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Orem • Panhandlers here have to stay out of the streets and not pester people when they solicit money.
The City Council unanimously approved an ordinance outlawing aggressive panhandling. City Attorney Paul B. Johnson said the ordinance is a response to complaints from residents about panhandlers who have wandered into traffic or harassed people.
But civil rights attorney Brian Barnard believes the ordinance, like other anti-panhandling ordinances, has constitutional flaws.
Barnard said the ordinance was written so broadly that it would bar someone from waving to a driver in a commercial parking lot, or to have a message targeted to drivers.
He also said the ordinance gives far too much discretion to police, whom he said would be likely to target "scruffy" looking people.
"The fact that the ordinance directs law enforcement not to enforce it in an 'absurd, impossible or unreasonable' manner does not save the ordinance from being unconstitutional," Barnard said in an email.
But Johnson said the ordinance does not go as far as Barnard claims.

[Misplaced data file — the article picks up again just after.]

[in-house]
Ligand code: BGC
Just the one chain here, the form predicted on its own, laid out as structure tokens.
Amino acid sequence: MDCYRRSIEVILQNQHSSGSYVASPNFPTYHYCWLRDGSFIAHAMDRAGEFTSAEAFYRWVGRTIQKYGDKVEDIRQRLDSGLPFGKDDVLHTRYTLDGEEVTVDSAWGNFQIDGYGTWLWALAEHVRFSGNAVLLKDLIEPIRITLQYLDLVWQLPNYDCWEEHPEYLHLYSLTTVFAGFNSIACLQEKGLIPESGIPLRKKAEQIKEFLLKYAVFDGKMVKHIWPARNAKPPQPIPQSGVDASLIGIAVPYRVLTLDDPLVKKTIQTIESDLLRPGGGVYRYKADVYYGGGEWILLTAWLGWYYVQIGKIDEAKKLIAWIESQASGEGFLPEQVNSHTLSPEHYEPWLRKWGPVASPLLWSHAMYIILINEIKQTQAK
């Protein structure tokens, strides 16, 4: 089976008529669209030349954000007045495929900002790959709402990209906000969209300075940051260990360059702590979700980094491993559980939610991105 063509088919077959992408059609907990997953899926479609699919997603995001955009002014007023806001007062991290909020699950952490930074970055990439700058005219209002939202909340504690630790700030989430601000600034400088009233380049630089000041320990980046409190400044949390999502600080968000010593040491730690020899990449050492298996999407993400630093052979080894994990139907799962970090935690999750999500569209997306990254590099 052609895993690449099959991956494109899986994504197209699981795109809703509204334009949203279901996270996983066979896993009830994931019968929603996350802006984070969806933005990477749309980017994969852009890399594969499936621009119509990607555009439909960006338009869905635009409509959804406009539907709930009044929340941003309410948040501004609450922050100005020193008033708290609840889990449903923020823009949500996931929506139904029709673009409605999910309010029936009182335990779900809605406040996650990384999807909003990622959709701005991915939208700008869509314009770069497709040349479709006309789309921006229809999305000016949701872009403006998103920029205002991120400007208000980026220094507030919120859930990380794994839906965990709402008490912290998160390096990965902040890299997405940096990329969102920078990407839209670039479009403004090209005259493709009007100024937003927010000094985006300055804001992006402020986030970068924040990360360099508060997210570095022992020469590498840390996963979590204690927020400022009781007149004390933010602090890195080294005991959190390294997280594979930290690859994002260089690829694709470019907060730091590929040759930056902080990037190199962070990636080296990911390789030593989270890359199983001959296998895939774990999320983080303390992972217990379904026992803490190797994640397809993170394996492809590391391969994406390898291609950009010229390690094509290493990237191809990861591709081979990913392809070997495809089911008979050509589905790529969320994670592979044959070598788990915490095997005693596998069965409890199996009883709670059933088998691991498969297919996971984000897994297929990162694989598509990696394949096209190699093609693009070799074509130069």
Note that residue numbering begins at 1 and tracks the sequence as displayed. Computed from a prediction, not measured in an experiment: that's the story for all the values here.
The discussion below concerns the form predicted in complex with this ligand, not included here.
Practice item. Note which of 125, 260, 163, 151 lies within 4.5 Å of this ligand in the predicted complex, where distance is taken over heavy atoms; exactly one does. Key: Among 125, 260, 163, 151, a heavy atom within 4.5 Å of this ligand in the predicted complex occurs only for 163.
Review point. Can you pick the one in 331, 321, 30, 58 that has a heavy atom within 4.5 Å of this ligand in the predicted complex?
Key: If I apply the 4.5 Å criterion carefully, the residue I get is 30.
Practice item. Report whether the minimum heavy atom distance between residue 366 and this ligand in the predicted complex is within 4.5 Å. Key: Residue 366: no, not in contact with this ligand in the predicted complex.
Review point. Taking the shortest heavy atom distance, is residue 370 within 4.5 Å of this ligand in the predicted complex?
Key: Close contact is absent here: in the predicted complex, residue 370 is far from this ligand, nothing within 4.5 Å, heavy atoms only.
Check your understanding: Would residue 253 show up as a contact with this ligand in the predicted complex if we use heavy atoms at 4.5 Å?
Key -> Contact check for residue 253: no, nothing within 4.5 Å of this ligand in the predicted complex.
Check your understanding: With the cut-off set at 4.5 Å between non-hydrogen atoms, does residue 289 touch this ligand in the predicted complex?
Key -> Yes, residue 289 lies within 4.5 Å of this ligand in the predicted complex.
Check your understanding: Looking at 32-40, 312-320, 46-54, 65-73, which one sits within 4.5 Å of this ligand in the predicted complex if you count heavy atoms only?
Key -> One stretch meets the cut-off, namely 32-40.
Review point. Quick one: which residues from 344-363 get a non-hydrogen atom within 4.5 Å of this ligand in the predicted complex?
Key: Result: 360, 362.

Specifically, he said people are permitted to panhandle wherever they are legally permitted. He added language to the ordinance at the council meeting to clarify that people can solicit handouts from sidewalks, but not if they step off the curb and interfere with traffic.
The only resident who spoke on the ordinance was Judy Cox, who was concerned about panhandlers' rights to hold up a sign on a sidewalk.
"My concern was that we not step on that aspect of free speech," Cox said.
Johnson said the goal was not to infringe on free speech.
"We've made it clear with the amendment that we are not talking about passive solicitation," Johnson said. "We are talking about following people, getting in their way, touching them and yelling at them," Johnson said.
He pointed out that even the city's firefighters are banned from going in the street to collect donations for the Muscular Dystrophy Association's annual fund drive, as their counterparts in other cities do.
The ordinance also bars panhandlers from soliciting handouts near banks, ATMs or check-cashing businesses without permission from the property owner.
Johnson pointed out that the ordinance did not go as far as the anti-panhandling ordinance proposed in Salt Lake City, which would have barred panhandlers from approaching people standing in lines outside movie theaters and other businesses.